An industry insider has revealed that some premium milk powder brands spend much of this marketing budget “bribing” doctors with expensive presents.
Such gifts include all-expenses paid holidays to Europe and the United States, sponsored overseas trips to play golf, branded handbags, amongst other pricey rewards for good behaviour.
The purpose of the gifts is to encourage doctors to recommend certain brands of milk powder to parents, or keep their brands on the milk rotation list for a longer period.
The industry insider says such “bribery” is rife in private clinics and private hospitals.
News of the infant formula scandal was first broken by state media outlet Lianhe Wanbao.
It reported this evening that a reliable industry insider revealed the rampant “bribery” that is going on behind the scenes, but stopped short of naming infant formula companies involved.
Lianhe Wanbao reported the industry insider as saying such companies would send sales staff to get into the good books of doctors, understand their habits and give them gifts based on their preferences.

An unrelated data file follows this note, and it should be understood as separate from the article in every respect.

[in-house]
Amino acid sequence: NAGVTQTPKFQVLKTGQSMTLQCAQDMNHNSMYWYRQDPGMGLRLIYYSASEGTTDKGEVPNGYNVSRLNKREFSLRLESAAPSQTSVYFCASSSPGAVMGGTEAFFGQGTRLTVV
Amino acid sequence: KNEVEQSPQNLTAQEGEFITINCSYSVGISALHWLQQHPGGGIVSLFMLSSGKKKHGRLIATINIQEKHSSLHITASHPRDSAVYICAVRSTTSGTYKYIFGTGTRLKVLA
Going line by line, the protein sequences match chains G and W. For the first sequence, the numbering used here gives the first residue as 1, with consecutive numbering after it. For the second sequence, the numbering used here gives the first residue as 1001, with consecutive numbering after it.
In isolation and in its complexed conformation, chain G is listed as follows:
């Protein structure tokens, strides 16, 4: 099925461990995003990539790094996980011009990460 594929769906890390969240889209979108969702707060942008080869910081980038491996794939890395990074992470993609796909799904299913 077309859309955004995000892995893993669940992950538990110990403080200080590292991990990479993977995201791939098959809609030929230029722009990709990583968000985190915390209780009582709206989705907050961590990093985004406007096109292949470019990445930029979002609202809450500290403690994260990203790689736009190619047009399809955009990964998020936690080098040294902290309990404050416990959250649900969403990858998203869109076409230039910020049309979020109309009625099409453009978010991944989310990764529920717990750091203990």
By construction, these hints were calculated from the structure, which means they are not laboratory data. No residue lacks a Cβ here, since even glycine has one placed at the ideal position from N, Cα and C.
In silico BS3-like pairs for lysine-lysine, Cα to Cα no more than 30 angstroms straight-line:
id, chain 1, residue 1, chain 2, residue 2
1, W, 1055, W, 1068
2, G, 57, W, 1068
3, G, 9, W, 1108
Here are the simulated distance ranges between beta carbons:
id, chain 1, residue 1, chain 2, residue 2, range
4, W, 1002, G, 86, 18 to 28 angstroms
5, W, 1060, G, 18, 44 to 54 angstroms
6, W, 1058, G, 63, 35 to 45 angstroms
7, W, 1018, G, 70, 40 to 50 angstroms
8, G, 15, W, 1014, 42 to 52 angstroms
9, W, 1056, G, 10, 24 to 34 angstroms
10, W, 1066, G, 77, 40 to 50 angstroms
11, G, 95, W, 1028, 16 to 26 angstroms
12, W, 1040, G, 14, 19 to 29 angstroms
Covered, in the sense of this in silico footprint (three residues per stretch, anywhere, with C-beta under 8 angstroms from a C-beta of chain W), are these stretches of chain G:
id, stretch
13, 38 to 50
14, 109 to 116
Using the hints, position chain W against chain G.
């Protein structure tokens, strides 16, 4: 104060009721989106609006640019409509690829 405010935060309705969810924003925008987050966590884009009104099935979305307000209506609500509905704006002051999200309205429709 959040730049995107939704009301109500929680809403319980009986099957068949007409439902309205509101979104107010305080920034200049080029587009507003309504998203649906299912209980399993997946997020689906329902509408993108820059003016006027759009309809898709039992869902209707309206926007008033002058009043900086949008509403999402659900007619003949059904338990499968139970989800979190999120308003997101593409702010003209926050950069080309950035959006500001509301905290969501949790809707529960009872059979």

The industry insider gave the example that if a doctor liked to play golf, the premium infant formula company’s sales staff would sponsor them with an all-expenses paid trip abroad to play golf.
The industry insider said such pricey gifts are “not an exaggeration”.
Expensive gifts to doctors aside, the Competition Commission has found that infant formula companies pampered hospitals by paying for things like dinner and dance functions, shuttle buses for staff and “rotation fees”.
More than 50 percent of babies in Singapore are born at private hospitals.
As outlined in the Sale of Infant Food Ethics Committee Singapore’s code of ethics, no financial inducements are allowed to be offered to hospitals, clinics and retail pharmacies to promote infant formula products.
It is compulsory for all companies operating in the baby food industry in Singapore to follow these guidelines.
The Health Ministry does not allow public hospitals to enter into such arrangements with milk formula firms, but it has not applied this rule to private hospitals.